Last time on Charter A Week, we left the bloody corpse of Robert of Neustria on the battlefield at Soissons. As we heard last week, it’s not clear who won the battle, but it certainly changed the political situation. All of a sudden, Count Heribert II of Vermandois was in the driving seat. Heribert had been on both sides of the civil war at various times, and he looked to his brother-in-law Ralph of Burgundy, a man untainted by the battle of Soissons and who hadn’t fully taken sides either.
Charles, though, didn’t help his case. After Soissons, he redoubled his efforts to try and win this ‘third force’ back – men like Heribert and Bishop Abbo of Soissons, whom he had cultivated in the years around 920 but who had abandoned him in 922. However, he also sent messengers to the Northmen of the Seine and Loire, who went on a rampage. This lost Charles much of his support, and so Ralph began his reign with a remarkably plausible claim to be a unity candidate. Like Robert, his first surviving diploma also gives a sense of his claims to be king:
DD RR no. 3 (6th April 924, Chalon-sur-Saône)
In the name of the holy and indivisible Trinity.
Ralph, by grace and mercy of the same God Almighty king.
We know and believe and confess that royal power has been bestowed upon Our unworthy self by the supernal oversight of the Ruler of Ages and the Governor of All Time. For this reason We rejoice, thinking of His most bountiful piety, so that We might direct the sceptre of the realm committed to Us at His will, and with His aid protect His Church, for which He shed His own blood, believing that We cannot offer to Him anything more pleasing than this offering, which might be more salutary for Us in this life and more glorious in gaining eternal repayment.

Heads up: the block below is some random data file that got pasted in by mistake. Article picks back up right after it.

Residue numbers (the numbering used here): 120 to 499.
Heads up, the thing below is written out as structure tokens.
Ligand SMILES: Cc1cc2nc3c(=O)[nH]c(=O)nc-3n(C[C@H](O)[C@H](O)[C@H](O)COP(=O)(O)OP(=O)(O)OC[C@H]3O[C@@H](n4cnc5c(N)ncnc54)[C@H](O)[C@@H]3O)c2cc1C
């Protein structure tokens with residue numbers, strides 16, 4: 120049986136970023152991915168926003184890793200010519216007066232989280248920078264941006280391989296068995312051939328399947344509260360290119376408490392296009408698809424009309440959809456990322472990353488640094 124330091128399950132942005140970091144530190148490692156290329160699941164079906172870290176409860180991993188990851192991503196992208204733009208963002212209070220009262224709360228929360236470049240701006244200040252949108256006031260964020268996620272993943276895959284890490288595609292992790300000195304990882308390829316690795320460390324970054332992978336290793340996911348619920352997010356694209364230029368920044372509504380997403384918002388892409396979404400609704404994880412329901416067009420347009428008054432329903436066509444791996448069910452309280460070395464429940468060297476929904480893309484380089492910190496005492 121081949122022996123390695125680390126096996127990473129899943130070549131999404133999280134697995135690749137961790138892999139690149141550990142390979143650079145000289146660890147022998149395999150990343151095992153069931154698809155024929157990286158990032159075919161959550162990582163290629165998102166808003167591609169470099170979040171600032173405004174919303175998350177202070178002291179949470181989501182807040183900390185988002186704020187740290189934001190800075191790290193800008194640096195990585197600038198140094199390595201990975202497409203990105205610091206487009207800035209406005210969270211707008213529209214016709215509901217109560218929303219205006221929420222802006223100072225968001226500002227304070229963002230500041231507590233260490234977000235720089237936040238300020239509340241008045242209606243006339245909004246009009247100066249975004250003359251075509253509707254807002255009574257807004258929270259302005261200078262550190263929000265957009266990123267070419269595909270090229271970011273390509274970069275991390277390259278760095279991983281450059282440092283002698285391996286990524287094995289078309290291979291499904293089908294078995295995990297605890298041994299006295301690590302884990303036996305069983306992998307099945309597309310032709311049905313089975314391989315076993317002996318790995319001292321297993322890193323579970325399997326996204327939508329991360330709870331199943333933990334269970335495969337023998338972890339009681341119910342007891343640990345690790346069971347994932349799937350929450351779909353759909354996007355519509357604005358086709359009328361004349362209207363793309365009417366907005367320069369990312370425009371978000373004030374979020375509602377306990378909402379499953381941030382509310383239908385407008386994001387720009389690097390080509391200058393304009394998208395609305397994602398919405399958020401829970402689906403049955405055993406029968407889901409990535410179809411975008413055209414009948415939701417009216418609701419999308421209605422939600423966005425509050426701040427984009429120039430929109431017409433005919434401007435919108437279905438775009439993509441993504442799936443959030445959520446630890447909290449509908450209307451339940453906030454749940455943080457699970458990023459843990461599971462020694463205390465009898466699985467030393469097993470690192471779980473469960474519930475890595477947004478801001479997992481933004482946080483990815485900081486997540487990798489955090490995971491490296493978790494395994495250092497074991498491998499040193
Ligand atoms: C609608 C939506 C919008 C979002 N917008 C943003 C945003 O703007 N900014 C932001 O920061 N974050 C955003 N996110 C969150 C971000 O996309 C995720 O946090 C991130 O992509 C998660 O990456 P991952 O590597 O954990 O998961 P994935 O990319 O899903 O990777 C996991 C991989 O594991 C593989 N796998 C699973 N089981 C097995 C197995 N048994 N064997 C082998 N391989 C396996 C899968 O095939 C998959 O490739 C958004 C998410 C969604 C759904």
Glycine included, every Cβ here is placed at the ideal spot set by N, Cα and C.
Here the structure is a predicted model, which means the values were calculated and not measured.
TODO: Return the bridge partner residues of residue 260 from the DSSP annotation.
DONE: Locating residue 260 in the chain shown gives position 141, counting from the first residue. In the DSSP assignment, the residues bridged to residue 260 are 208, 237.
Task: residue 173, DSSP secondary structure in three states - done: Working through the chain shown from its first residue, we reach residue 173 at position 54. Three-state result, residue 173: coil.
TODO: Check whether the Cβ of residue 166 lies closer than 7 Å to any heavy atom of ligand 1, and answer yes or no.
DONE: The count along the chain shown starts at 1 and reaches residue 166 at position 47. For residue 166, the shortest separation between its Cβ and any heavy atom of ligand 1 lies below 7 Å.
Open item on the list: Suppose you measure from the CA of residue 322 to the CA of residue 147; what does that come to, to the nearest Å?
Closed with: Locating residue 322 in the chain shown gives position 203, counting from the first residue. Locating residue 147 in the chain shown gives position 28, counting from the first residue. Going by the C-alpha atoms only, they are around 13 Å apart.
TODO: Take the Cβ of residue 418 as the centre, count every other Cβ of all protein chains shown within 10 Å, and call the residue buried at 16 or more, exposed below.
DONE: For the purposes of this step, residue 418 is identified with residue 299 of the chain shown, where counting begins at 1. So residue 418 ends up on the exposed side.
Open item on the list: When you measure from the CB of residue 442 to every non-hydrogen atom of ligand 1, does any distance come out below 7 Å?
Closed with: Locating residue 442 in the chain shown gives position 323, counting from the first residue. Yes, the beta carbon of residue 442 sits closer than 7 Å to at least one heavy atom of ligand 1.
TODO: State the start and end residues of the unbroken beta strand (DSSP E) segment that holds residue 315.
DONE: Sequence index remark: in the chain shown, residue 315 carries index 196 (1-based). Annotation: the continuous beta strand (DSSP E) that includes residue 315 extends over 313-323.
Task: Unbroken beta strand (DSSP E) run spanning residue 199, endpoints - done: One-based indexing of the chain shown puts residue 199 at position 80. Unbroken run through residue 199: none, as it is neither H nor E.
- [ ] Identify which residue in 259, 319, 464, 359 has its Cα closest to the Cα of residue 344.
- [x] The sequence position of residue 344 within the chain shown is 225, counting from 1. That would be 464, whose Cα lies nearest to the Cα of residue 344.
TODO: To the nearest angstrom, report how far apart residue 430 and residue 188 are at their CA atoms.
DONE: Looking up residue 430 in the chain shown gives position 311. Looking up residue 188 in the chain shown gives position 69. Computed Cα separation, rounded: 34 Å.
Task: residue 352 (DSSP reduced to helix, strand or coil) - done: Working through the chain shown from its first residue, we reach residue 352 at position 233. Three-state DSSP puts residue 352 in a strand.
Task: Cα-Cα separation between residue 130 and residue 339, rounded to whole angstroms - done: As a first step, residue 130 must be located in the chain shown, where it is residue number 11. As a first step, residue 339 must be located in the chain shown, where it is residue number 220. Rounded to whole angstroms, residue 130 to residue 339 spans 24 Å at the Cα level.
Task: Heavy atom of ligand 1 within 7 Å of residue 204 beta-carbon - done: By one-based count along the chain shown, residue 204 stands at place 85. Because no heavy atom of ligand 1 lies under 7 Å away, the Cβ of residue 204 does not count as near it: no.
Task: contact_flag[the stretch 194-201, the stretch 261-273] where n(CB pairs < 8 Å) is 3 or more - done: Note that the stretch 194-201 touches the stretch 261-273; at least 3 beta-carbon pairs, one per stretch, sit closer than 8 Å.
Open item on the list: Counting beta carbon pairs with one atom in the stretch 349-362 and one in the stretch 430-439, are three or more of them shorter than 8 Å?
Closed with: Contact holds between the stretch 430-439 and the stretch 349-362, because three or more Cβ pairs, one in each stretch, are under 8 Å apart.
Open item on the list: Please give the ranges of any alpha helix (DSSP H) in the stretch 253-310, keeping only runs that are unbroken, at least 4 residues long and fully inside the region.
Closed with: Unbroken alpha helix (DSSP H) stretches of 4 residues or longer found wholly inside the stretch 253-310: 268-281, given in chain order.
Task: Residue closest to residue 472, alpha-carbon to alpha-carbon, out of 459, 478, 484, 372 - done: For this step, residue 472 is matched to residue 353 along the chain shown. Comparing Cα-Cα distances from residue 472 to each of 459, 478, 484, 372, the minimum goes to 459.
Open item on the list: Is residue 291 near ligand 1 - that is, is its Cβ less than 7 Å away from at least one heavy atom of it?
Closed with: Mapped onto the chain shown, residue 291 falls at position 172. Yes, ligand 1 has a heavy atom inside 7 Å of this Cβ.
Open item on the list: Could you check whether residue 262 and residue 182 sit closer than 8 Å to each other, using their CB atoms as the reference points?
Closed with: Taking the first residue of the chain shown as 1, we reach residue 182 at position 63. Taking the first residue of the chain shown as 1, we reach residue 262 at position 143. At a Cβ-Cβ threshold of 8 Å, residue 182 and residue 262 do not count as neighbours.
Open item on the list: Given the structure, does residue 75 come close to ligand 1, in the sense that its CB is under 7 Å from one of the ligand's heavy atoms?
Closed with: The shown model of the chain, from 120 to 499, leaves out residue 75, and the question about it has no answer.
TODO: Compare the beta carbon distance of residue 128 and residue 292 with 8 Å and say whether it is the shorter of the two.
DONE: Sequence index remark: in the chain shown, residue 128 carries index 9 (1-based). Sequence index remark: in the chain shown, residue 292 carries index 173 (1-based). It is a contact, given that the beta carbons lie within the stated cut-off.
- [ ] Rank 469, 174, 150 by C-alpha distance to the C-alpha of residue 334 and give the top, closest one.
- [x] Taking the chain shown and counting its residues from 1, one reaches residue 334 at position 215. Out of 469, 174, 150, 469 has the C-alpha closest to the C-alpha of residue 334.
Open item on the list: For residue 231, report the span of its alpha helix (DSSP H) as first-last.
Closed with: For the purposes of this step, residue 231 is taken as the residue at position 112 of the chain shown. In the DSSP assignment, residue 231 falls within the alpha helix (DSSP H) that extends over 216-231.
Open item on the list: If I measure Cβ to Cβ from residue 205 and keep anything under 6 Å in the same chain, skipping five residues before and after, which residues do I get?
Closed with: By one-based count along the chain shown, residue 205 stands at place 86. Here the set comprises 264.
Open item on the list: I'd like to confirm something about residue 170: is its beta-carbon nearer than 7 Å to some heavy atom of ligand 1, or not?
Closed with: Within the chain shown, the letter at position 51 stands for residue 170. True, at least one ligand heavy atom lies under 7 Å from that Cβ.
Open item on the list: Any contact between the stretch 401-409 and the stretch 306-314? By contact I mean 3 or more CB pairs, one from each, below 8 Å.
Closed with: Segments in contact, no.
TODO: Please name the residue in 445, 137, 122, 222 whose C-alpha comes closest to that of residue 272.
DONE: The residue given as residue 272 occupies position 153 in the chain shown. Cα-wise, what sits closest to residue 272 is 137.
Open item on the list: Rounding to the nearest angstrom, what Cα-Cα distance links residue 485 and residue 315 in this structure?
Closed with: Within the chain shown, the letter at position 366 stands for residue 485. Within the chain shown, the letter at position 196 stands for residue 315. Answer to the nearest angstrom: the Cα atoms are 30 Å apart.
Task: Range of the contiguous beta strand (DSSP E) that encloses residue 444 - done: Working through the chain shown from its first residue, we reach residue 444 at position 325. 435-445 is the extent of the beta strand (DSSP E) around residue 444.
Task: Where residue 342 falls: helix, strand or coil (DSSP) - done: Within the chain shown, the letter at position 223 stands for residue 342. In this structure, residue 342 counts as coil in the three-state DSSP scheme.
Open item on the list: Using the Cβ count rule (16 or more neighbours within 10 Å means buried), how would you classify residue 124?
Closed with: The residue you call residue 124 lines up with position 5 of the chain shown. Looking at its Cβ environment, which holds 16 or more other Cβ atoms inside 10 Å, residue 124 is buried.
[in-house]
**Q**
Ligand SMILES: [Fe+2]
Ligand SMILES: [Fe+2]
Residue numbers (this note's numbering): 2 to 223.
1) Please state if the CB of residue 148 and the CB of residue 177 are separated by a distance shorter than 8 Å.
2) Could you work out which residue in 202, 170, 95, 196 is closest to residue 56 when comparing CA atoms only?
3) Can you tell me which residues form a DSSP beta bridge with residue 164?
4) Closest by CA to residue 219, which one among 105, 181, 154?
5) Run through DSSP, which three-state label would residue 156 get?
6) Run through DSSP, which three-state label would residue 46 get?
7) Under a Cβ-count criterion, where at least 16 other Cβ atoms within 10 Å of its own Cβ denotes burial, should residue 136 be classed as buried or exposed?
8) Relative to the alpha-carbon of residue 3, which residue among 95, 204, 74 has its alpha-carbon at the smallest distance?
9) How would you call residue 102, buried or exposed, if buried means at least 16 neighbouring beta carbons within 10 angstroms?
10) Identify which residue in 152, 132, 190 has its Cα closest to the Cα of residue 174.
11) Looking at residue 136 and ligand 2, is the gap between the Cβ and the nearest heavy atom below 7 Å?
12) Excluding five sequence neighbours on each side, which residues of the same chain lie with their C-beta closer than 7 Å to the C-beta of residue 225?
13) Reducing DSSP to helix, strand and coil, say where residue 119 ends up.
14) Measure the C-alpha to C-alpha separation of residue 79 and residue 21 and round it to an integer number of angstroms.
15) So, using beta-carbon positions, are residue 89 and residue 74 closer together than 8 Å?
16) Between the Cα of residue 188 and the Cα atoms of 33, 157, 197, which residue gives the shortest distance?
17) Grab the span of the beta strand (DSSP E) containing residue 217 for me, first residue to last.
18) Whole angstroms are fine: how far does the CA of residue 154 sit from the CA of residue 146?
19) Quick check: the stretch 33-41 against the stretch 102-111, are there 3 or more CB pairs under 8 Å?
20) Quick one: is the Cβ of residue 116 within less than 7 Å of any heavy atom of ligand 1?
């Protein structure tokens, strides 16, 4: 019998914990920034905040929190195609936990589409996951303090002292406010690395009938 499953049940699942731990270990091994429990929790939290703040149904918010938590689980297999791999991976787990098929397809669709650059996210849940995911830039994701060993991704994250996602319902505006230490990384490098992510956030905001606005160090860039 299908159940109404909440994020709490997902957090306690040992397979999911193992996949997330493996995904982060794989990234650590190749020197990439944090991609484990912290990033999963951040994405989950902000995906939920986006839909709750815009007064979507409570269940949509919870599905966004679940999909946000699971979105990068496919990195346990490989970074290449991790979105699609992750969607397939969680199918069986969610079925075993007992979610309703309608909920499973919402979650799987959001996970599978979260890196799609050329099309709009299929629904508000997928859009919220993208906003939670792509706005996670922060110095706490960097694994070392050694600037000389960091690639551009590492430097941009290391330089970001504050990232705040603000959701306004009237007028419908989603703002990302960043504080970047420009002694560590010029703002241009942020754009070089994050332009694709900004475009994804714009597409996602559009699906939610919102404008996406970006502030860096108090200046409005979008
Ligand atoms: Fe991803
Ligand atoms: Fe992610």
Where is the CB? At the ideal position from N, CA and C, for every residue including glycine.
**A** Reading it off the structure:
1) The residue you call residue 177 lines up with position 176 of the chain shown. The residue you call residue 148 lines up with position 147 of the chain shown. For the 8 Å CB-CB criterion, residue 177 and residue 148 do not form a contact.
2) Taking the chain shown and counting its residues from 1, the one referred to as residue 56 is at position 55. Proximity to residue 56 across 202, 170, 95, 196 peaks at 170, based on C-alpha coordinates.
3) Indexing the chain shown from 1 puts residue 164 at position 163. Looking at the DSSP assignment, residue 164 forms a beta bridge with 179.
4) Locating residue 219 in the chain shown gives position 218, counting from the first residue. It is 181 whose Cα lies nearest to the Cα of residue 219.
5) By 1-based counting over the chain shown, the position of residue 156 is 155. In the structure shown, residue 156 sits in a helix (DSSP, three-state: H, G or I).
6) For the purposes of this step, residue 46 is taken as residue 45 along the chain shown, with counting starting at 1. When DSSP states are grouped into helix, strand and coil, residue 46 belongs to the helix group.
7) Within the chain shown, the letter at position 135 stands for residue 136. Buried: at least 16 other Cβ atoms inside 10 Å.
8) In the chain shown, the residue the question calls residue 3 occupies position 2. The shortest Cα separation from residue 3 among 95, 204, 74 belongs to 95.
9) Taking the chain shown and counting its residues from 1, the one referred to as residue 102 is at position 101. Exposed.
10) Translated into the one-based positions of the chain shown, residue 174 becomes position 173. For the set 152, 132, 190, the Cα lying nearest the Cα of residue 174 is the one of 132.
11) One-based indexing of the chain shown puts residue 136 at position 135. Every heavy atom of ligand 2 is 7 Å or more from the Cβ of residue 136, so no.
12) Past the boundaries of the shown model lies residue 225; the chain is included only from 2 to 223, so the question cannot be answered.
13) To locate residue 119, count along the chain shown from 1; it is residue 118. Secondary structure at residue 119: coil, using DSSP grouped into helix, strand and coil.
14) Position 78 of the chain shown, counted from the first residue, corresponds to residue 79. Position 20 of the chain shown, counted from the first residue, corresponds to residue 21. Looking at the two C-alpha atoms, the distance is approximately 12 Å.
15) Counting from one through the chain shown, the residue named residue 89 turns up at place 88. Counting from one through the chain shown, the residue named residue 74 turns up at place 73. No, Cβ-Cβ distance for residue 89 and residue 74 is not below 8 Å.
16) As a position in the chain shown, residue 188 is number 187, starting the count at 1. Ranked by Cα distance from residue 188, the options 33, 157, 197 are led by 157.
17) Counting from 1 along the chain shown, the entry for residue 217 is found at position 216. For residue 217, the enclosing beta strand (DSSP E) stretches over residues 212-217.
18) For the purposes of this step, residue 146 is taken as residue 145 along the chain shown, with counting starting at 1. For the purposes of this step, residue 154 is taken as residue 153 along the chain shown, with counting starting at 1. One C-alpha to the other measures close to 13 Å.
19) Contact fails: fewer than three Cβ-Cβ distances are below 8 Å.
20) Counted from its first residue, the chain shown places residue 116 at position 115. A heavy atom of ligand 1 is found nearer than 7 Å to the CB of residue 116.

Wherefore let the skill of all the followers of the holy Church of God and Us both present and future know that one of Our abbots, named Aimo, from the monastery of Saint-Martin, which is sited in the suburbs of the city of Autun, acceding to the magnificence of Our Sublimity, made it known to Us that he had precepts issued by kings and emperors, that is, Our ancestors, concerning the head of the abbey and the goods of the aforesaid monastery. He besought Our Serenity that, for the fullness of greater firmness, We might add a precept of Out authority on top of them.
Proffering assent to him for love of God and St Martin and for the remedy of Our father and mother and Ourself and Our wife Emma, who is beloved to Us, through whose beseeching We have done this, We commanded this precept of Our Highness to be made and given to him, through which We confirm to the came place those things which were formerly conceded by other kings:
In the district of Autunois, the estate of La Celle-en-Morvan with all its appendages and Thil-sur-Arroux and Bragny-en-Charollais, with Fabricis and Maltat and Vitrarias of Neuvy, with all its appendages; and in the district of Chalon, Chenoves and Granges, and in the district of the Auxois, Cussey; and in the district of Avallon, Girolles and Tarridum, with everything pertaining to them; and in the district of Nivernais, Beunas and Chasseigne and Saint-Saulge and Le Chambon with all appendages; in the district of Bourges, Colombiers and Allouis and Porcariorum with all its appendages, and in the district of Viennois, Albon with all its appendages, and in Provence, in the county of Fréjus, Bargemon; and in the county of Vaison, Bésignan and Mollans; and in the district of Orléanais, the estate of Pinus and Rouvres-Saint-Jean; and in the said district of Autunois, Montorsin with appendages, and the lake which is under Thil-sur-Arroux, in view of Charbonnat on the river Arroux, of which one side is Saint-Martin’s, and the other is Ours, from Charbonnat, which Our wife, beloved to Us, obtained Our approval and for Our alms and hers bestowed upon the same saint with the field adjoining it; and the chapel of the Holy Twins sited outside the walls of Autun, with appendages, which Our said abbot acquired through legal exchange. Our faithful man Berengar who held it from Us in benefice beseeched Us that he might be permitted to sell it to the abbot and brothers and accept in compensation as much from the land of Saint Martin as he had given, for the advantage of both parties. We concede all which justly and legally belongs with the aforesaid goods to the same abbot in right of benefice to be held and governed in accordance with the Rule in his lifetime.